Overall: The InConcert technology is real, and it works. With smaller sized multimedia 2.1 speakers (as opposed to larger home theater loud speakers), high and middle frequencies fade over a distance, so that the quality of the audio is lower as you step away from the speakers. The InConcert technology made it so that the fidelity of the audio remained intact over the entire room, regardless of position relative to the speakers. I've sensed that the speakers break up the frequency by each driver — the center two seem to act as tweeters, while the outside four produce midrange. Perhaps this is the work of the 3 separate amplifiers.

Music: I mentioned that that MX5021 sounded a bit "tinny" when listening to music because of the material that Altec used on the drivers, but with the FX6021, the material is conducive to producing more natural sound. Rock music sounded great with these speakers: the voices of the singers were equally as loud as the sound of the cymbals. I ran in to a problem with rap though — the subwoofer made "fart" noises when I tried to play some Ying Yang Twins and Nelly, probably because the frequency floor of the subwoofer is only 40Hz, while notes within my rap tracks probably go down into the 20Hz range.

Games: Hardcore gamers know that the best audio source for some games is headphones, because you can hear each little detail, each footprint, each whisper. The FX6021 seemed to be incredibly sensitive during gameplay, making each little noise evident.

Movies: I'm going to go so far as to say that those with a dorm room or smaller living room could use these speakers as their primary speaker system if a full surround system is not desired. The InConcert feature allows each person in the room to equally receive crisp and clear audio with great left/right channel separation.

Loudness: At max volume, the speakers kept up nicely and did not distort at all. The system can put out a very nice 105dB. The subwoofer, though, had a trouble doing its job at loud volumes with very deep bass. For everyday listening, and with almost all music types, I found the subwoofer to be well balanced and hard-hitting…just don't turn on the hardcore rap.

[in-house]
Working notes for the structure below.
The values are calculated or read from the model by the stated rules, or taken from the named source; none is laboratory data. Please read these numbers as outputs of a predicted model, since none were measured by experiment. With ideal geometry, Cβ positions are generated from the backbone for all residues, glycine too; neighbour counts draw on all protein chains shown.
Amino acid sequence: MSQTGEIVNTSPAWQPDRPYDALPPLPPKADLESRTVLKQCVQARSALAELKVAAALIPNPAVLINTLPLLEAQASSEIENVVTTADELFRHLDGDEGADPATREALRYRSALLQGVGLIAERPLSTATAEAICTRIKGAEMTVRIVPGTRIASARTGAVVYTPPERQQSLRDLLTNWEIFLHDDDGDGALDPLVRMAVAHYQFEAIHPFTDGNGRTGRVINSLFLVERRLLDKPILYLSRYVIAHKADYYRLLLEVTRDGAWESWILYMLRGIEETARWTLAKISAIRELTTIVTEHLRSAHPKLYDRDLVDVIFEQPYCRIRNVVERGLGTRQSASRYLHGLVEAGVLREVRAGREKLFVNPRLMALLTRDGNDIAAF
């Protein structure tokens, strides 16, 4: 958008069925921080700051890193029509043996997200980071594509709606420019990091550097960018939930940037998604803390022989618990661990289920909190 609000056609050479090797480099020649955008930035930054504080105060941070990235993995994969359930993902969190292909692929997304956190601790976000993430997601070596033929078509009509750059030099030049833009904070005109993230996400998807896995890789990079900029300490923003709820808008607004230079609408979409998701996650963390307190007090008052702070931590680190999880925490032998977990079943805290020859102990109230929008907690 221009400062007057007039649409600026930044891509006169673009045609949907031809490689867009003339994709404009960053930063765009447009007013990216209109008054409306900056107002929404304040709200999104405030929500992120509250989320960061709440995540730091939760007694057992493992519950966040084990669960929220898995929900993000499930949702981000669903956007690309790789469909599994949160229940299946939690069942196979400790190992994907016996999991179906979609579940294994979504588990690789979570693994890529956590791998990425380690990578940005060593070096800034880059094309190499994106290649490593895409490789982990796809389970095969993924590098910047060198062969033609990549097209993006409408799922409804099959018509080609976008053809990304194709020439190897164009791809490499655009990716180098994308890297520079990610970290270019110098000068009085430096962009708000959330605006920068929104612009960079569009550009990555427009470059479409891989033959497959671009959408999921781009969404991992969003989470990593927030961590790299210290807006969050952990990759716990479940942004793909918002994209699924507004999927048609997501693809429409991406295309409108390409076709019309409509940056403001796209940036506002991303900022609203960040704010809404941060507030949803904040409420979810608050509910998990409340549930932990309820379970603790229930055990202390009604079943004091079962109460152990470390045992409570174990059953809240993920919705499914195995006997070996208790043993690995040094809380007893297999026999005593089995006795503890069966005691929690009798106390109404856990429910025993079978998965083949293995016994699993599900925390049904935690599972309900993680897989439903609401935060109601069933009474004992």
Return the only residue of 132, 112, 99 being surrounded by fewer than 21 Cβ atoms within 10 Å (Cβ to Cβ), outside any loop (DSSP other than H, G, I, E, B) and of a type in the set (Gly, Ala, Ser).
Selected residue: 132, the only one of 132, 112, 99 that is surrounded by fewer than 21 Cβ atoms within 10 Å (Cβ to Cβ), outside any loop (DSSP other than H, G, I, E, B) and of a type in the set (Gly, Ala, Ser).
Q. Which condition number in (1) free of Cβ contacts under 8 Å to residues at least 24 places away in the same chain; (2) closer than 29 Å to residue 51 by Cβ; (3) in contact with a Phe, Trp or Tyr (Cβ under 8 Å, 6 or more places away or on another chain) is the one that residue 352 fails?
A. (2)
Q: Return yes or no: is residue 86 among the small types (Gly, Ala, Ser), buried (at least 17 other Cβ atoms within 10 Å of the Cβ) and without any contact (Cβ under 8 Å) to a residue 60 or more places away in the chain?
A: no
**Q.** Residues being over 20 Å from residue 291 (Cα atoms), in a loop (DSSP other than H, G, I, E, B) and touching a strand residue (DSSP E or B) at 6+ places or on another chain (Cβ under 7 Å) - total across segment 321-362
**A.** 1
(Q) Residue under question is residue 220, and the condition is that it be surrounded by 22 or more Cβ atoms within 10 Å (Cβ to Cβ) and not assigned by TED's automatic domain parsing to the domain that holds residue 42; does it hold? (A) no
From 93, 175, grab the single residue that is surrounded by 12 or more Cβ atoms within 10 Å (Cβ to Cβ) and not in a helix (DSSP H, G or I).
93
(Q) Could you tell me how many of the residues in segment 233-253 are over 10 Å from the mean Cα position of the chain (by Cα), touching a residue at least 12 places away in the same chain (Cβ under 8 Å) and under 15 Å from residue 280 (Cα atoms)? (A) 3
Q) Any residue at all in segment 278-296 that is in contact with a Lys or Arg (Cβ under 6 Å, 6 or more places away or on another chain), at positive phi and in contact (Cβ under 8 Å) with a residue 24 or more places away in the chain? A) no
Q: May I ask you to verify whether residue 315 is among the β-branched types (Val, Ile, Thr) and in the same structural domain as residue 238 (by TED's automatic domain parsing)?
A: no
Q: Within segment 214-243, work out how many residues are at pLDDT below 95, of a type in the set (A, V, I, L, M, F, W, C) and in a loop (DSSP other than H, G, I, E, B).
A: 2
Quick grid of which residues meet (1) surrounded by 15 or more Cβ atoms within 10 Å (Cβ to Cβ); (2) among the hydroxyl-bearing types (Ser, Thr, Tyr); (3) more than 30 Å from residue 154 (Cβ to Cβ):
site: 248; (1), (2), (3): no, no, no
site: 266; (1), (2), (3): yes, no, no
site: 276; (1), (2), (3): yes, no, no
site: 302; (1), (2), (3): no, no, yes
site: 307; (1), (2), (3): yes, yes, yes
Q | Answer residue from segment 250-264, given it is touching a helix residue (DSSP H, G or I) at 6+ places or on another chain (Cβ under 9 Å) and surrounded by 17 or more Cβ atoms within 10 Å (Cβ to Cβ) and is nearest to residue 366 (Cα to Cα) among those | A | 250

face="Verdana, Arial, Helvetica, sans-serif"> I think Altec needs to rethink this product a bit. With an MSRP of $299 (although we found the speakers for $70 less seen below), I want to have a subwoofer that can take whatever I give it. For $179, I can get the Klipsch 2.1 THX certified speakers that can show me 31Hz with THX-cert. The 9Hz difference is huge when listening to selections of rap and even some techno.

Also, the cheaper MX5021 has the THX-cert, but not the FX6021, even though the latter are $100 more. Although THX-cert means nothing to many, it represents the audible range and quality of a set of speakers, and I wonder why Altec didn't take the time to seek this certification.


I had a hard time coming up with a recommendation for these speakers. They are able to disperse sound like I've never heard before, and they are very attractive-looking and are sure to get some attention. Its fault though, comes with the subwoofer. If Altec Lansing were to throw an 8″ subwoofer into the package, or fix the "only 40Hz" floor, or just lower the price a bit to be competitive with premium 2.1 offerings from Logitech and Klipsch, then I could seriously recommend these speakers. Until any of those conditions are met, my call is to wait for the price to go down a bit unless the InConcert technology sounds extra-exciting to you.